IMF: fiscal policy key to managing ageing and sharing growth in Asia-Pacific

5 Jun 17

Fiscal policy has a critical role in tackling two of the major challenges facing Asia and the Pacific in the coming decades – ageing and inclusivity – the International Monetary Fund’s deputy managing director has said.


An elderly woman looks in the mirror in Myanmar

An elderly woman looks in the mirror in Myanmar


While the region is blazing ahead of the rest of the world in terms of the pace of economic growth, its continued success will depend on how well it can manage a rapidly ageing population and ensure the proceeds of growth are shared by all.

Speaking today at the Tokyo Fiscal Forum 2017, the IMF’s Mitsuhiro Furusawa said sustainable and inclusive growth in the region will only be possible if policymakers address the implications of coming demographic change. 

Asia-Pacific is at the forefront of population ageing, and by 2050 one in four people in the region will be over 60. That’s equivalent to 1.3 billion people – a tripling of the current number – and will make Asia-Pacific the oldest region in the world. Meanwhile, its population growth will fall to zero.

“This puts many Asian countries at risk of growing old before coming rich,” noted Furusawa. “Under current policies, age-related public expenditures, pensions and health care in Asia are projected to increase by up to 10 percentage points of GDP by 2050, depending on the country.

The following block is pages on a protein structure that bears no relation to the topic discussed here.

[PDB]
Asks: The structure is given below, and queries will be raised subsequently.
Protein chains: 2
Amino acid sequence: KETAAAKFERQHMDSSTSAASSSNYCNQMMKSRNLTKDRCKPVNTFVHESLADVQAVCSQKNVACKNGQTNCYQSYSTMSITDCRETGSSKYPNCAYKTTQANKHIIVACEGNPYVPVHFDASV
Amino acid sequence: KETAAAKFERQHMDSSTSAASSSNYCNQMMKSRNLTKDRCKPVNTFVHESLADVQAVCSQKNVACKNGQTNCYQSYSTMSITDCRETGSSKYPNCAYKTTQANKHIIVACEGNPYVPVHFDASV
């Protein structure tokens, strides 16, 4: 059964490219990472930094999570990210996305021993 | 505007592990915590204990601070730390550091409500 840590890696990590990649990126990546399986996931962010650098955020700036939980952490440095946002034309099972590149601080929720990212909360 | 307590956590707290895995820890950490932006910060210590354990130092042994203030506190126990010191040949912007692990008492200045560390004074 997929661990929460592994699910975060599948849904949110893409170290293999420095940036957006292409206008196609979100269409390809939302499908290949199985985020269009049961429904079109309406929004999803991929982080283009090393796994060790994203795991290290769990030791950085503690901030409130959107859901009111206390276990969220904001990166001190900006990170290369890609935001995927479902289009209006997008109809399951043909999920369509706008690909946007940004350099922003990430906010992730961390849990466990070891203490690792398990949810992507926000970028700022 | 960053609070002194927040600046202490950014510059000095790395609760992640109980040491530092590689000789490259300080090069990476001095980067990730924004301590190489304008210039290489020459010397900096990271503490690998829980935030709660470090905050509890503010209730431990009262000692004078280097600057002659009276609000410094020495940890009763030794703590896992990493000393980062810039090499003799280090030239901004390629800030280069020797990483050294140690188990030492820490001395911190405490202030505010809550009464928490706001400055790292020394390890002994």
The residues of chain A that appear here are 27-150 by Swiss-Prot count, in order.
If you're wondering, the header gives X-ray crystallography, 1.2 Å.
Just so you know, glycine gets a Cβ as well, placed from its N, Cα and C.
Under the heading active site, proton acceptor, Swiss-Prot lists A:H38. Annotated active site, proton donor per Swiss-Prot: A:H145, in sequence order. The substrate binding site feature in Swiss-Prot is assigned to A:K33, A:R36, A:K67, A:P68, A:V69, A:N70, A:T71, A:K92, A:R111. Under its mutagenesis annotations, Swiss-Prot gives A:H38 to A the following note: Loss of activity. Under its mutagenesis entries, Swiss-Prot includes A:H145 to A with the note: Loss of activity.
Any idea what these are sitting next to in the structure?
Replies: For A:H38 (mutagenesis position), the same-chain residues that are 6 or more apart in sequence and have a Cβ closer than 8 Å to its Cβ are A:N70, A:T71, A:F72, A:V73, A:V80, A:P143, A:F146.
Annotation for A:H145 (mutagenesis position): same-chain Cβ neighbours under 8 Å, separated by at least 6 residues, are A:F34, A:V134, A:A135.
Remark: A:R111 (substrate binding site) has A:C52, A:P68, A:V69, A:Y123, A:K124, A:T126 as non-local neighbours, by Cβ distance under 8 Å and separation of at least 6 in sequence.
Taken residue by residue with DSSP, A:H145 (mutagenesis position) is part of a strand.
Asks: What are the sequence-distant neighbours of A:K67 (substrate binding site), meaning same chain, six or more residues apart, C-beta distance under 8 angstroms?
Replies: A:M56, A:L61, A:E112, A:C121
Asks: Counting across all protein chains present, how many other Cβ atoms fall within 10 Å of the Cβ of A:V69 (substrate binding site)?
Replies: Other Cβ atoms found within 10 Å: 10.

“Such spending could lead to unsustainable public debt. That, in turn, could require sharp cuts in spending or large tax increases.”

Instead, he urged countries to adopt policies to counter rapid ageing, and to do so “before ageing sets in”.

He suggested policies ranging from the provision of more affordable childcare to increase the number of women in the work force to entitlement reforms to contain the growth of age-related spending.

Better tax systems could also offset some of the impact, he continued, for instance by shifting the tax base away from wages and towards consumption and assets.

Any policies should be introduced at a gradual pace to share the burden across generations and avoid reversals, he noted.

Fiscal policy is also a “powerful tool” in promoting inclusive growth itself, he continued. Again the tax system is key, as it can facilitate redistribution of resources through transfers and other progressive instruments.

Furusawa said expanding cash transfers, such as a highly successful programme in the Philippines that delivers money to poor households dependent on their compliance with education and health requirements, and the tax base for personal income tax could improve equity.

Equality of opportunity can also be delivered through fiscal policies, helping people to adapt to a changing economy through investment in human capital and protection against risk.

“In our fast-changing global economy – with rapid technological change and economic integration – there is a rising demand for public policies to cushion the effect on those who cannot keep up,” he explained.

These policies include job counselling and re-training, wage insurance for workers who are displaced by technology into lower-paying jobs, and wage subsidies for employers to encourage them to hire displaced workers.

He highlighted that such an approach in Australia had increased participation in the labour force and decreased the take up of unemployment benefits. 

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